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2020: Carol K. Hall

is the Camille Dreyfus Distinguished University Professor of Chemical and Biomolecular Engineering at North Carolina State University. Her work has impacted areas as diverse as the stabilization of colloidal suspensions, the manufacturing of engineering plastics, and the identification of possible molecular mechanisms for Alzheimer’s disease. She is also recognized for her mentorship of young faculty and women. Hall is the second woman — after Margaret Hutchinson Rousseau — to receive AIChE’s Founders Award (2015).

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2021: Karen K. Gleason

Karen K. Gleason is the Alexander and I. Michael Kasser Professor of Chemical Engineering at MIT. She is a member of the National Academy of Engineering and a fellow of the American Institute of Chemical Engineering (AIChE). During her faculty career at MIT, Prof. Gleason served as Executive Officer of the Chemical Engineering Department, Associate Director for the Institute of Soldier Nanotechnologies; Associate Dean of Engineering for Research; and as Associate Provost. 

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2022: Rena Bizios

Rena Bizios, a chemical/biomedical engineer by training, has pursued a career in academia. She is now the Lutcher Brown Endowed Chair Professor of Biomedical Engineering at the University of Texas at San Antonio. An advocate for transferring lessons from physiology and biology to bioengineering, she pioneered research using cultured, differentiated, mammalian cells and adult stem cells, investigated and established (i) requirements for cell adhesion and functions on material substrates and (ii) the effects of biophysical stimuli (specifically, cyclic pressure, sustained pressure, electrical stimulation), regarding neotissue formation during wound healing in the presence of implants.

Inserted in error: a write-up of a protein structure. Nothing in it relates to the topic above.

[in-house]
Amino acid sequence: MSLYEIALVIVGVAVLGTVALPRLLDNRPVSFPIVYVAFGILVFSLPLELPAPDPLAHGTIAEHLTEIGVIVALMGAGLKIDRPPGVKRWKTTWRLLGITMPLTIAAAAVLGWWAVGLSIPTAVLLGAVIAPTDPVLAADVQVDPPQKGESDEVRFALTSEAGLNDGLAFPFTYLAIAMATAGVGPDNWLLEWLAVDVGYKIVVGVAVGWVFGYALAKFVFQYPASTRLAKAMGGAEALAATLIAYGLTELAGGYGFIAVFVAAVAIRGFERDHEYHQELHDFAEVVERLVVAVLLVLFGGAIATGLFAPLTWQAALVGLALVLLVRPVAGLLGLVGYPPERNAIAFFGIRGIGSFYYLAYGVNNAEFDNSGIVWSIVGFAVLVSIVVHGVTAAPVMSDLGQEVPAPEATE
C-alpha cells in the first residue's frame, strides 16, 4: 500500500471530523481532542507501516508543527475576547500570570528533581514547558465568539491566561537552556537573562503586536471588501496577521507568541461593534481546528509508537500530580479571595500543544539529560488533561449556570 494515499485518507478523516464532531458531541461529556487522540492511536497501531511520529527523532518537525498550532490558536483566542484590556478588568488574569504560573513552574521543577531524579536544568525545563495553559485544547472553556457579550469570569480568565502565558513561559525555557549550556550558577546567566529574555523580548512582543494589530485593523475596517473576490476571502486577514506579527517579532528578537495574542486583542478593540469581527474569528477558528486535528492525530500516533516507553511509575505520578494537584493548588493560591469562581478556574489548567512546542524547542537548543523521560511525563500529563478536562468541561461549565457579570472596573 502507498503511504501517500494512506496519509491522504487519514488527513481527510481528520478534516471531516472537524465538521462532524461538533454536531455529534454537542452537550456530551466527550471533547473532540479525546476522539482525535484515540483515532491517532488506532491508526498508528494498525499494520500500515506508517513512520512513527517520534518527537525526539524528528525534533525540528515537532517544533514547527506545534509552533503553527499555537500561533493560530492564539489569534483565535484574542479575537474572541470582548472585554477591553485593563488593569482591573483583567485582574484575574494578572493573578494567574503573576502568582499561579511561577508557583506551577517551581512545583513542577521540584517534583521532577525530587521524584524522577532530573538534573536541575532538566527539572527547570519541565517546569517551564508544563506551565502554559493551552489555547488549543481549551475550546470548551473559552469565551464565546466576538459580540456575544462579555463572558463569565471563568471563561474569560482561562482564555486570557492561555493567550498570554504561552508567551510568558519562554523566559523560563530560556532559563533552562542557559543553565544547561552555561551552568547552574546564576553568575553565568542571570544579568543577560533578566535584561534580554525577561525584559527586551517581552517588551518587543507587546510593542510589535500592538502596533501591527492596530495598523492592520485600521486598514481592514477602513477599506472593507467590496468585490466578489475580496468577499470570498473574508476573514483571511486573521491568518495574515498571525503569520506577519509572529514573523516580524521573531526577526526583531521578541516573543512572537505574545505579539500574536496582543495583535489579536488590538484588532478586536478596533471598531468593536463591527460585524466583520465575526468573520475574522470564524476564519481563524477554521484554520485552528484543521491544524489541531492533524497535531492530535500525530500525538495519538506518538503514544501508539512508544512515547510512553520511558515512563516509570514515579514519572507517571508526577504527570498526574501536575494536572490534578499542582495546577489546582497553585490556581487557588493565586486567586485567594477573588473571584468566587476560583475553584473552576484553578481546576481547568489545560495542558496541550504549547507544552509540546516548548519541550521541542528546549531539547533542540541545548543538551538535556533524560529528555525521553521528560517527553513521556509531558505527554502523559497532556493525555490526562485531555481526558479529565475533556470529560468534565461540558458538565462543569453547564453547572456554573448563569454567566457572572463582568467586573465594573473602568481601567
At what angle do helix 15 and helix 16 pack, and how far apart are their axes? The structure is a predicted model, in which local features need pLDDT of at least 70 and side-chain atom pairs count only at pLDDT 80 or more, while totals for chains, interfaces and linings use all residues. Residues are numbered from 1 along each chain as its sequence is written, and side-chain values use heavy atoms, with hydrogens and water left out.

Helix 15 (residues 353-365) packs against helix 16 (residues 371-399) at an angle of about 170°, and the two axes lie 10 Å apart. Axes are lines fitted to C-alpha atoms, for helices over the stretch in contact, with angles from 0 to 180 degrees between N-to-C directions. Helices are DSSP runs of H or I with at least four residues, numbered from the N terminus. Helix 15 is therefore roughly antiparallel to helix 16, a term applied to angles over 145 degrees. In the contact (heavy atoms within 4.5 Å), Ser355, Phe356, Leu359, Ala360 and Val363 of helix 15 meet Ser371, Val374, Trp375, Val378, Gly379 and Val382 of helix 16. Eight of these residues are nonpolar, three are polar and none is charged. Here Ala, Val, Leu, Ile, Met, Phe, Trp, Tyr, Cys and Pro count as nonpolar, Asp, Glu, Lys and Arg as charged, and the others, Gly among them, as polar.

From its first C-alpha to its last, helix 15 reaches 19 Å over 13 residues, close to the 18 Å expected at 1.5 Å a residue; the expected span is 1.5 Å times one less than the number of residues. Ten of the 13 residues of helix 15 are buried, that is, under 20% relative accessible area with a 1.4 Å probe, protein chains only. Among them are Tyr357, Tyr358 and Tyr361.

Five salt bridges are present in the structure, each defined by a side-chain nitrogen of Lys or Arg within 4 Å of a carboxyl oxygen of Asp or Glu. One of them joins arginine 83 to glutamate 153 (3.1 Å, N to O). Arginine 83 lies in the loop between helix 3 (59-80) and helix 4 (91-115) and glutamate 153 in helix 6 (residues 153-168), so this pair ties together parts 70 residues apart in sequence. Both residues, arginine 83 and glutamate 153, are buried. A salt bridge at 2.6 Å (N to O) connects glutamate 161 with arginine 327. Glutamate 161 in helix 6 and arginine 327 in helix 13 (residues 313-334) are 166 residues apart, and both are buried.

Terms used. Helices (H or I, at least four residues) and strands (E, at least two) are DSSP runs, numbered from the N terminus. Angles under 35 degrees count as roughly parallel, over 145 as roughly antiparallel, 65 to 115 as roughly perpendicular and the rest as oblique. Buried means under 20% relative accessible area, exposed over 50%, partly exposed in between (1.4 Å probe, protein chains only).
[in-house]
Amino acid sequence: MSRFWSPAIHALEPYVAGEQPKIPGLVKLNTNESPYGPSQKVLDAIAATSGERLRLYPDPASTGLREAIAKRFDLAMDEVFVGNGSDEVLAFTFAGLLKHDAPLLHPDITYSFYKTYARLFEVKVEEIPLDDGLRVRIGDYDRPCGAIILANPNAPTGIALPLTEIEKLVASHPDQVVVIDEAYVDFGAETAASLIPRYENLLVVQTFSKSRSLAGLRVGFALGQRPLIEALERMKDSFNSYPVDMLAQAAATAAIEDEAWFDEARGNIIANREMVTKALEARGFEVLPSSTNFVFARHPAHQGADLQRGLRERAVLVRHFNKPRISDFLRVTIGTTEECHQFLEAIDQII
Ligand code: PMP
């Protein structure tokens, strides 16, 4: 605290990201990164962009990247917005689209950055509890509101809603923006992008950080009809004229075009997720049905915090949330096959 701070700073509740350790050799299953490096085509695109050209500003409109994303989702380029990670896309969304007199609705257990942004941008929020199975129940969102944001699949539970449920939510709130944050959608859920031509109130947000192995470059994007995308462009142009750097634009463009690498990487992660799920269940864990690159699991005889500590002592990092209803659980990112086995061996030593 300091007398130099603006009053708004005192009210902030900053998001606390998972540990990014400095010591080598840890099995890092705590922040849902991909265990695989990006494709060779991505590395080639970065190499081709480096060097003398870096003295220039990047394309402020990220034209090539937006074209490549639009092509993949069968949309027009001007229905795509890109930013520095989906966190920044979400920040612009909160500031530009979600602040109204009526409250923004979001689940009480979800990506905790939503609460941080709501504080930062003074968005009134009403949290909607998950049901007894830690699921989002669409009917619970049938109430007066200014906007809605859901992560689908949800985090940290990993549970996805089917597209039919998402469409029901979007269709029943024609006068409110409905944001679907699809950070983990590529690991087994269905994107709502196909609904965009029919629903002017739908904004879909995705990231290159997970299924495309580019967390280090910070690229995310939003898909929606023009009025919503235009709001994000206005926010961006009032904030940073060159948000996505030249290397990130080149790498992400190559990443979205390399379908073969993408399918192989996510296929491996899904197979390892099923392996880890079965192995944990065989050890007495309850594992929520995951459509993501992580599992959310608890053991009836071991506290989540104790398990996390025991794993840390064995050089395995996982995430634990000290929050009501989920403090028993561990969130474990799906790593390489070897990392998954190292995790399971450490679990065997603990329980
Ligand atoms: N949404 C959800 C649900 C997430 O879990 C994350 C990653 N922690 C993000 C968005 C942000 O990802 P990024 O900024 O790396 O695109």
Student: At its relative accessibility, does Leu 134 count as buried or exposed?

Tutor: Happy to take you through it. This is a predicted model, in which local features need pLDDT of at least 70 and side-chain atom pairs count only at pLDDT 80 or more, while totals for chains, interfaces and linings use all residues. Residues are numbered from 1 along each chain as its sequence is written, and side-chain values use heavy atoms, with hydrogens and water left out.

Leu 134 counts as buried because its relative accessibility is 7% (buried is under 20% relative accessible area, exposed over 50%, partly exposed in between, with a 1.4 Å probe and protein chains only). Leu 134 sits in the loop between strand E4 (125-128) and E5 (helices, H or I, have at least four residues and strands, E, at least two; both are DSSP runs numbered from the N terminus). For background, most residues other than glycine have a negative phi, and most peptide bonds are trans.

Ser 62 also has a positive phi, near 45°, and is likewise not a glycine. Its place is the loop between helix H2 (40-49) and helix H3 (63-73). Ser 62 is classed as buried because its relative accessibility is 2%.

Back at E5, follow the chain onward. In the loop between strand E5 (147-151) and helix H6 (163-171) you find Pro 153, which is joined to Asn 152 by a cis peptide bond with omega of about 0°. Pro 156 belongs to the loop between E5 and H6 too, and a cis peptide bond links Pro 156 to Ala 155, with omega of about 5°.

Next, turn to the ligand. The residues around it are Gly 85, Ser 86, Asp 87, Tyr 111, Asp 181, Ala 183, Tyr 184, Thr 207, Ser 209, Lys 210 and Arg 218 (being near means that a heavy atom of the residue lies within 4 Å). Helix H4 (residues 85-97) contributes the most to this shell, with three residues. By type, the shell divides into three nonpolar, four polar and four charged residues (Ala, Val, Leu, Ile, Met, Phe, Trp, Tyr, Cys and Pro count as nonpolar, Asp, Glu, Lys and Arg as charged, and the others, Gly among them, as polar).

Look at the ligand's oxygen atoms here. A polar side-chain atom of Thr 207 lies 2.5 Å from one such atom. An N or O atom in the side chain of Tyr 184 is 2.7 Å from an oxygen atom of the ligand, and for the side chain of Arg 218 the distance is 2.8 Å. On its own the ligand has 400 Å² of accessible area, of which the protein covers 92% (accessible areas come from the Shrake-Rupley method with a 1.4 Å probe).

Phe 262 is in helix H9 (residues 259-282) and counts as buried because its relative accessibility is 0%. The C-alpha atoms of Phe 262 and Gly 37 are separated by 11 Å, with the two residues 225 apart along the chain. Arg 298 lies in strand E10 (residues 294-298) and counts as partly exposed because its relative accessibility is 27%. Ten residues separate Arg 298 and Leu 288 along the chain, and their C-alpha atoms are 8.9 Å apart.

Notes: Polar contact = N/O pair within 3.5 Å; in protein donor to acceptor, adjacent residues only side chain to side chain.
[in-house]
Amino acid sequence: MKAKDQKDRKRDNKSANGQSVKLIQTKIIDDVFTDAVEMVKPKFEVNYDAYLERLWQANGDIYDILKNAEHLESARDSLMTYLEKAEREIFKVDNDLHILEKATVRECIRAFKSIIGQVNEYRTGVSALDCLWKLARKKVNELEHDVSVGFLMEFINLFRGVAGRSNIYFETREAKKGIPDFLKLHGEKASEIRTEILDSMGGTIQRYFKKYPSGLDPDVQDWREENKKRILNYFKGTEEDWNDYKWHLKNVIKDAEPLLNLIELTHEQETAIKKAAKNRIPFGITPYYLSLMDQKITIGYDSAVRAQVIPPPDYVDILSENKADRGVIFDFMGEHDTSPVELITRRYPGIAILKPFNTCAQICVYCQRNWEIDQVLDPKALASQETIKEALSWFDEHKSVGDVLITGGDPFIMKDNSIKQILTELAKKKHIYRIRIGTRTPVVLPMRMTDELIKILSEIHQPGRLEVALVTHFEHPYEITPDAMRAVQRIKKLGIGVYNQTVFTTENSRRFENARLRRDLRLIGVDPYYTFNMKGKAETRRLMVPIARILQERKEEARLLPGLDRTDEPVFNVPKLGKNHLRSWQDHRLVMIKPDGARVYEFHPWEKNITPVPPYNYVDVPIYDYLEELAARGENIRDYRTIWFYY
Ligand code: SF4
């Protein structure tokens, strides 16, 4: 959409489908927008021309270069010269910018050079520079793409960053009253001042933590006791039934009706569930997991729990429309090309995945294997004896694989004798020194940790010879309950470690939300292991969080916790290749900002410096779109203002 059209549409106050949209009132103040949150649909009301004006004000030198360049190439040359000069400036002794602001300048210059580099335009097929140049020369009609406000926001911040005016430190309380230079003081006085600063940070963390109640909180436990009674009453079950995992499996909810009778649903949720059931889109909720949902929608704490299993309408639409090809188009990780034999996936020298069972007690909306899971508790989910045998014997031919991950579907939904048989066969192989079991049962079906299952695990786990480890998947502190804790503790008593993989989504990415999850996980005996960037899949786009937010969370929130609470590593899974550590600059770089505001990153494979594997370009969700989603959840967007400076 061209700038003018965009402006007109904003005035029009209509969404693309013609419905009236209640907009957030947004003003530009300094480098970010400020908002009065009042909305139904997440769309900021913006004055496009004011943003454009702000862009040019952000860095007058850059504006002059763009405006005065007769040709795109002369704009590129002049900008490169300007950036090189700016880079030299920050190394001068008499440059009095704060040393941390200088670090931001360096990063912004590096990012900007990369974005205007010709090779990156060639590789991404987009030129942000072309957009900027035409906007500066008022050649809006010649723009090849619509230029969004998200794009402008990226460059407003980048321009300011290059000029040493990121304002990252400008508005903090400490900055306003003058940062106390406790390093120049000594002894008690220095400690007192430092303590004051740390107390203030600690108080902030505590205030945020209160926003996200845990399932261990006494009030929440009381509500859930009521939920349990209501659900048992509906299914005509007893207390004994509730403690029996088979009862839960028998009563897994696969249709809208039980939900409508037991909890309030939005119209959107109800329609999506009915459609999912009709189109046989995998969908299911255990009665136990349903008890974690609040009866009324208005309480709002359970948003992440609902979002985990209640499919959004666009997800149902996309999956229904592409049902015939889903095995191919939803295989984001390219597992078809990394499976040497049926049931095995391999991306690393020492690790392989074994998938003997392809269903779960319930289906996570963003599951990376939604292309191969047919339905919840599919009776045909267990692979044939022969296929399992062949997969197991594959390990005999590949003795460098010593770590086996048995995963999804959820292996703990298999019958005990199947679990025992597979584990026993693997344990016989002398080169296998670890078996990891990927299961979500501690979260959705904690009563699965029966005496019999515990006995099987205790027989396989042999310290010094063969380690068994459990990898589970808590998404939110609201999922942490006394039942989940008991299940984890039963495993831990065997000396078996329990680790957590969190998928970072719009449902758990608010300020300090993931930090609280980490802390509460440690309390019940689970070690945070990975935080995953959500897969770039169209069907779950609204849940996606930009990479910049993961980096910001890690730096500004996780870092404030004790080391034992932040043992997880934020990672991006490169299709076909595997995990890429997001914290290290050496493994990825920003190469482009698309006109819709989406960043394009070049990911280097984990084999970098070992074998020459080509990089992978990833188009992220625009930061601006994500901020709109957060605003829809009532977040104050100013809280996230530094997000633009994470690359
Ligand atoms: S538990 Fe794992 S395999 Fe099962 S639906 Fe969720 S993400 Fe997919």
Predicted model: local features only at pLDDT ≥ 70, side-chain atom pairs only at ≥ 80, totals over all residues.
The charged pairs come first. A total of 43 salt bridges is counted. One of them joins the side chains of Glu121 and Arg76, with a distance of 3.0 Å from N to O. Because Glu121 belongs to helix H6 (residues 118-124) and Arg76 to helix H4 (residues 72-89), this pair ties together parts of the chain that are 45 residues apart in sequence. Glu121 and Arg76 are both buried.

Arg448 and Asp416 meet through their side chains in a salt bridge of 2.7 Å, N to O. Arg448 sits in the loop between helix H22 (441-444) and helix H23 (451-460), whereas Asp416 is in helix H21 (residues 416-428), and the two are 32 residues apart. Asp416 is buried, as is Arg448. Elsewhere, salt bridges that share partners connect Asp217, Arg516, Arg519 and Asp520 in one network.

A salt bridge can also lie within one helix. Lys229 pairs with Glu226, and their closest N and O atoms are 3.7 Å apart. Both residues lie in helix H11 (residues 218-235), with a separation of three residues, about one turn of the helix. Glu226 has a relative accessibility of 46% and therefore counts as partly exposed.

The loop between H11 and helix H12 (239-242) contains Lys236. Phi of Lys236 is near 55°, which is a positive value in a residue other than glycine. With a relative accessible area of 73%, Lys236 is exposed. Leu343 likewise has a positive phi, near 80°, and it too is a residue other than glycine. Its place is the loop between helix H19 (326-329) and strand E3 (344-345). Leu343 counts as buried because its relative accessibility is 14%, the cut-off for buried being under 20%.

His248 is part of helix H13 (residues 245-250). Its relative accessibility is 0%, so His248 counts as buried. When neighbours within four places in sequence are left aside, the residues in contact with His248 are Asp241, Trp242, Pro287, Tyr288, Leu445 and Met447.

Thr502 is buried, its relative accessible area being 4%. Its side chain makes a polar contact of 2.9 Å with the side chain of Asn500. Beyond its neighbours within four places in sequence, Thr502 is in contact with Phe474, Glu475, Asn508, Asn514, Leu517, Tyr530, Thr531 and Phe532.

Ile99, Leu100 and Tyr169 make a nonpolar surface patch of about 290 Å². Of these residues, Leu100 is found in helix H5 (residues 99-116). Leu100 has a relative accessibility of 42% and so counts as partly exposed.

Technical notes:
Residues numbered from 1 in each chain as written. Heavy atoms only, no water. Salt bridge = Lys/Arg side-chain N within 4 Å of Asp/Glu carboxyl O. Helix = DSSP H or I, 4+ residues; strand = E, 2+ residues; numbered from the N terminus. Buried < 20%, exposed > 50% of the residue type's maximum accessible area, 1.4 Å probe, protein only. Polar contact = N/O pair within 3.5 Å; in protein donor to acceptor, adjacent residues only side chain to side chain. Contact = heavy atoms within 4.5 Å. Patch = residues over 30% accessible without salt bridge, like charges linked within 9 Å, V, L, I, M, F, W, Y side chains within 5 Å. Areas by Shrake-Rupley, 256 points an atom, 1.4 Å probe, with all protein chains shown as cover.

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2023: Jennifer S. Curtis

Jennifer Sinclair Curtis is Distinguished Professor of Chemical Engineering and former Dean of Engineering at the University of California, Davis. Her research focuses on the development and validation of particle flow models that have been extensively adopted by both commercial and open source CFD software packages. 

The Institute’s 2024 Rousseau Pioneer Award recipient will be announced during the 2024 AIChE Annual Meeting, October 27–31, in San Diego, CA.


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Thank you for this excellent write-up! I've been trying to do some research on Rousseau and have been trying to get in touch with you. Can you check your inbox?
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ERROR in above story, which I found most interesting. I was the first woman elected Fellow of AIChE. My certificate is dated 10 July 1980. In fact, I have two certificates: one acknowledges me for "his" contributions. After the second woman (Margaret) objected to the format, I received my second certificate for "her" contributions. My current activity in the field is with my daughter, another female engineer. She is a member of the engineering faculty of Houston Community College. I assist her and other professors as a panelist for their beginning engineering classes. I have also established a scholarship for the Society of Hispanic Professional Engineers in Houston honoring my daughter's work with the Student Chapter at HCC. I am still at age almost 90 a dues paying member of AIChE. Patsy Stallings Chappelear